This weekend The Journal News in White Plains wrote an editorial noting that many of their readers have been supportive of the decision to publish a map of public data showing local handgun permits, despite a backlash that has moved the paper to hire armed security. "Many of our readers, especially local residents," the editorial states, "have told us…that they reviewed the public information pertaining to their communities; were eager to learn more about their communities; and were well equipped to make up their own minds about the relevance of the information." Yet the publisher and president of the paper, Janet Hasson, tells the Times that white powder has been sent to the newsroom and that some reporters are staying in hotels. “As journalists, we are prepared for criticism. But in the U.S., journalists should not be threatened.”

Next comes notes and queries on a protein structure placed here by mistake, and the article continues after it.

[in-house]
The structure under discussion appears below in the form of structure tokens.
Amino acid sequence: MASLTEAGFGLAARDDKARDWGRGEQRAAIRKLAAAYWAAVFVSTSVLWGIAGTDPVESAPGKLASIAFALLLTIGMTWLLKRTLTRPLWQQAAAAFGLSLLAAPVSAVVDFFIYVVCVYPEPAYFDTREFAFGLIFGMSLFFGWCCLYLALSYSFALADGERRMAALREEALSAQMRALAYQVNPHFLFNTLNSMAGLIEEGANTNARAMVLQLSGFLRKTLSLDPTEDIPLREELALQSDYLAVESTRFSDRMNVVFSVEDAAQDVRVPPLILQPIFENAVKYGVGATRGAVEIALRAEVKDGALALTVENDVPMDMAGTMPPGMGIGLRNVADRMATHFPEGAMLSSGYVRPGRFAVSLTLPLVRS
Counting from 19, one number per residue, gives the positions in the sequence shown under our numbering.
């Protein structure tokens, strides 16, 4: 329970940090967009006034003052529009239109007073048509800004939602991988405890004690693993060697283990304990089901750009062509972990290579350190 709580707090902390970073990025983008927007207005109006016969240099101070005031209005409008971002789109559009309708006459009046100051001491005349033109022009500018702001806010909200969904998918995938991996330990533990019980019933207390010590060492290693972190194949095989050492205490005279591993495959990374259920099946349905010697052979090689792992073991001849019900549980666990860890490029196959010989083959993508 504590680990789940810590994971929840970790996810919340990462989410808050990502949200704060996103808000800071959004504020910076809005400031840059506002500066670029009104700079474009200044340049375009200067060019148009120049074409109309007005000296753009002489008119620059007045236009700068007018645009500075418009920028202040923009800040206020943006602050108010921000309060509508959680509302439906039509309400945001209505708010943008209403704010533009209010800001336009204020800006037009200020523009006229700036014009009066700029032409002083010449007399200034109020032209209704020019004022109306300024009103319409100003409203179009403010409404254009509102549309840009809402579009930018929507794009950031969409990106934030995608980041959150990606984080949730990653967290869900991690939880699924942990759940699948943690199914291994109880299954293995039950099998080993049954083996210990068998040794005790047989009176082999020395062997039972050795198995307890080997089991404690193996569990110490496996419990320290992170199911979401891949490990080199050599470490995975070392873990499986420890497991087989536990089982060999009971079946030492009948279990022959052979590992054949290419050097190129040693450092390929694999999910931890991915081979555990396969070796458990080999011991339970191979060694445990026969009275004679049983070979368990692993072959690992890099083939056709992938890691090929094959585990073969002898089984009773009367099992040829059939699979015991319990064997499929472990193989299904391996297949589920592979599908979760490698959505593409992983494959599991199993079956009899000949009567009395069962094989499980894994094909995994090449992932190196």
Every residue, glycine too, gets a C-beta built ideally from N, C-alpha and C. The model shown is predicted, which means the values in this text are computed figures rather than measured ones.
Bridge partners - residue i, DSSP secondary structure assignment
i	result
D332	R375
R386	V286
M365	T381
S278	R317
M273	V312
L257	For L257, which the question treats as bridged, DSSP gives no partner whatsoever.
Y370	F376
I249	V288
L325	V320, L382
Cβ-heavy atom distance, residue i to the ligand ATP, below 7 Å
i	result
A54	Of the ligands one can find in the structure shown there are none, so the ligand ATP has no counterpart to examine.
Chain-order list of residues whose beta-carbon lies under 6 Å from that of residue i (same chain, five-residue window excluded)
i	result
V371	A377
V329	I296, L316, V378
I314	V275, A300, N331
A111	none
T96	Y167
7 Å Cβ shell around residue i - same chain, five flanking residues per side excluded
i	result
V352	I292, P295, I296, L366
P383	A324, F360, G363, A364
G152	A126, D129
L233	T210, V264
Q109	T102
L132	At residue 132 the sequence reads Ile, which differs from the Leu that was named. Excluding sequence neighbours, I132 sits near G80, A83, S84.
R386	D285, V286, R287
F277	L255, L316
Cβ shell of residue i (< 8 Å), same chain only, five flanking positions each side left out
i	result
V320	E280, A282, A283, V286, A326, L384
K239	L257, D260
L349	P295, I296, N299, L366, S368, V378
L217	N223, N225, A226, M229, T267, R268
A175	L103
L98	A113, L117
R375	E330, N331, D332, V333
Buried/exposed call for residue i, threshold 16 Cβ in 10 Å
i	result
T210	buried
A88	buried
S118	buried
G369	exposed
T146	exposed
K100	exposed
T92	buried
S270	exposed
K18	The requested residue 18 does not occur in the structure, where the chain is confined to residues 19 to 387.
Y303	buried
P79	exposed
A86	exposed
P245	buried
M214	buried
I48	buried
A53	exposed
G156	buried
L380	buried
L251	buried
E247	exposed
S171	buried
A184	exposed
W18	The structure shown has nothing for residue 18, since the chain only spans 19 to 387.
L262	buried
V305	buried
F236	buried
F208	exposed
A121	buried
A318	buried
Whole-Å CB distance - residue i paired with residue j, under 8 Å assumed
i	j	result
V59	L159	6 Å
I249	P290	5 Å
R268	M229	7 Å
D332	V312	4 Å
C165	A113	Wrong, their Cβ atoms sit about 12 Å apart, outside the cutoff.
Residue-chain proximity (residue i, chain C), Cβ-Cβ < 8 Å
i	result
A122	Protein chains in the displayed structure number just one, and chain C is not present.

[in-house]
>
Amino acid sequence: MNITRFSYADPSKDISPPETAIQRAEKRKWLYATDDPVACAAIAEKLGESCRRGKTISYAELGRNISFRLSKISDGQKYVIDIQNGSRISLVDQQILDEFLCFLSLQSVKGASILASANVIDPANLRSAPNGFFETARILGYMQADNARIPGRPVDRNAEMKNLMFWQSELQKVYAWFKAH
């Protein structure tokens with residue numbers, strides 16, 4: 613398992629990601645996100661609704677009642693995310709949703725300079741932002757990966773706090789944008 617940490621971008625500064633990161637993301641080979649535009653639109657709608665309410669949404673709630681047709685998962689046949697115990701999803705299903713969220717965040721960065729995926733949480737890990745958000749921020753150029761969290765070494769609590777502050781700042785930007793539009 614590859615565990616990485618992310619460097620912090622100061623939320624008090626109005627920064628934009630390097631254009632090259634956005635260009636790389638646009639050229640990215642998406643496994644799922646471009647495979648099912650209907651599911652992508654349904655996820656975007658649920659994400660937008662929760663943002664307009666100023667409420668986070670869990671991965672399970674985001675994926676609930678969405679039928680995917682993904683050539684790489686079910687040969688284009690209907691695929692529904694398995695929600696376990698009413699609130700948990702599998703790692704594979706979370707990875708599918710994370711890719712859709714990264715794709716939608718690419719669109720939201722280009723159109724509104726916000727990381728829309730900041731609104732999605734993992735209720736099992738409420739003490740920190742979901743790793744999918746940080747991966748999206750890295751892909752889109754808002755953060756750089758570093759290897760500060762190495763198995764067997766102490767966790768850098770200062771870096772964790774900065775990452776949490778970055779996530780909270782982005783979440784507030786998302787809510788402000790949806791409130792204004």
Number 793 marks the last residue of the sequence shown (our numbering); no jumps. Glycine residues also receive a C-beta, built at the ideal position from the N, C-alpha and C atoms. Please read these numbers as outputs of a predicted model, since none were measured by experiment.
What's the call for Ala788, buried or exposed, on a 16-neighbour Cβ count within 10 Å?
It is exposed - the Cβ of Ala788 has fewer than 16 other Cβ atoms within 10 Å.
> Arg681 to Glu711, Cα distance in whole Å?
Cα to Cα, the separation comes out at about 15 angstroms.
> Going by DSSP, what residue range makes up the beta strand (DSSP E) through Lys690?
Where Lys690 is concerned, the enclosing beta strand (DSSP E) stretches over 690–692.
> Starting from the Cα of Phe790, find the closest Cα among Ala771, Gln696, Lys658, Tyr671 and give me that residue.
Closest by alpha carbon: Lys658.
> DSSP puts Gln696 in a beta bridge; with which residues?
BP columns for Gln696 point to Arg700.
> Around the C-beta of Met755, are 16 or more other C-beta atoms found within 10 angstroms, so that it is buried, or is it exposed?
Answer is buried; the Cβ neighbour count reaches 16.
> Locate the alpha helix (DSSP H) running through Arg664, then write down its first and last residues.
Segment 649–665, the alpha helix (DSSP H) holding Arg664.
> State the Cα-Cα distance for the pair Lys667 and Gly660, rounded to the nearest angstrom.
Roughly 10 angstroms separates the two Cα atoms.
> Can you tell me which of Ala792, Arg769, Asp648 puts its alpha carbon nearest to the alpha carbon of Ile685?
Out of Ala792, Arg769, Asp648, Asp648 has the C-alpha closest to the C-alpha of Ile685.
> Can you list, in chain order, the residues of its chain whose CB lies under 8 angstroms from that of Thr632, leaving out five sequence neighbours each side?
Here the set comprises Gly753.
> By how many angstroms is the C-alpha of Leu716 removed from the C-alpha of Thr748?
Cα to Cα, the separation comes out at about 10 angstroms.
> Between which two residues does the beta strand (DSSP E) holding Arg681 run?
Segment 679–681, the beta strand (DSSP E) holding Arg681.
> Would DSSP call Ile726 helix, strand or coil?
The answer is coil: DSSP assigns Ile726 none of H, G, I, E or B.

The paper published the map on December 23rd in the wake of the Sandy Hook Elementary School shooting, and has since received death threats and packages of white powder sent to the newsroom and one reporter's office (police determined that the powder was not explosive or dangerous).
Dwight Worley, the reporter who came up with the idea to map and publish public data and who wrote the story, says he's received "taunting phone calls sprinkled in with callers who said 'you should die.' " Part-time staffers who write "wedding anniversary and church potluck announcements" have also been threatened.
The backlash had led lawmakers in Putnam County, New York to defy state law and deny the paper their handgun permit records, and prompted calls from some journalists to (incredibly) criticize The Journal News' map as a "privacy invasion."
The map only shows handgun permits, not the locations of rifle or shotgun owners, and obviously not the homes of where illegal guns are stored. Connecticut state representative Stephen Dargan has introduced a bill that would make the names and addresses of the 170K handgun permits in the state public. “It sparked a conversation that needed to occur in this country," The Journal News' features editor, Mary Dolan said. "And it revealed tactics that will be employed when gun owners feel their rights are threatened."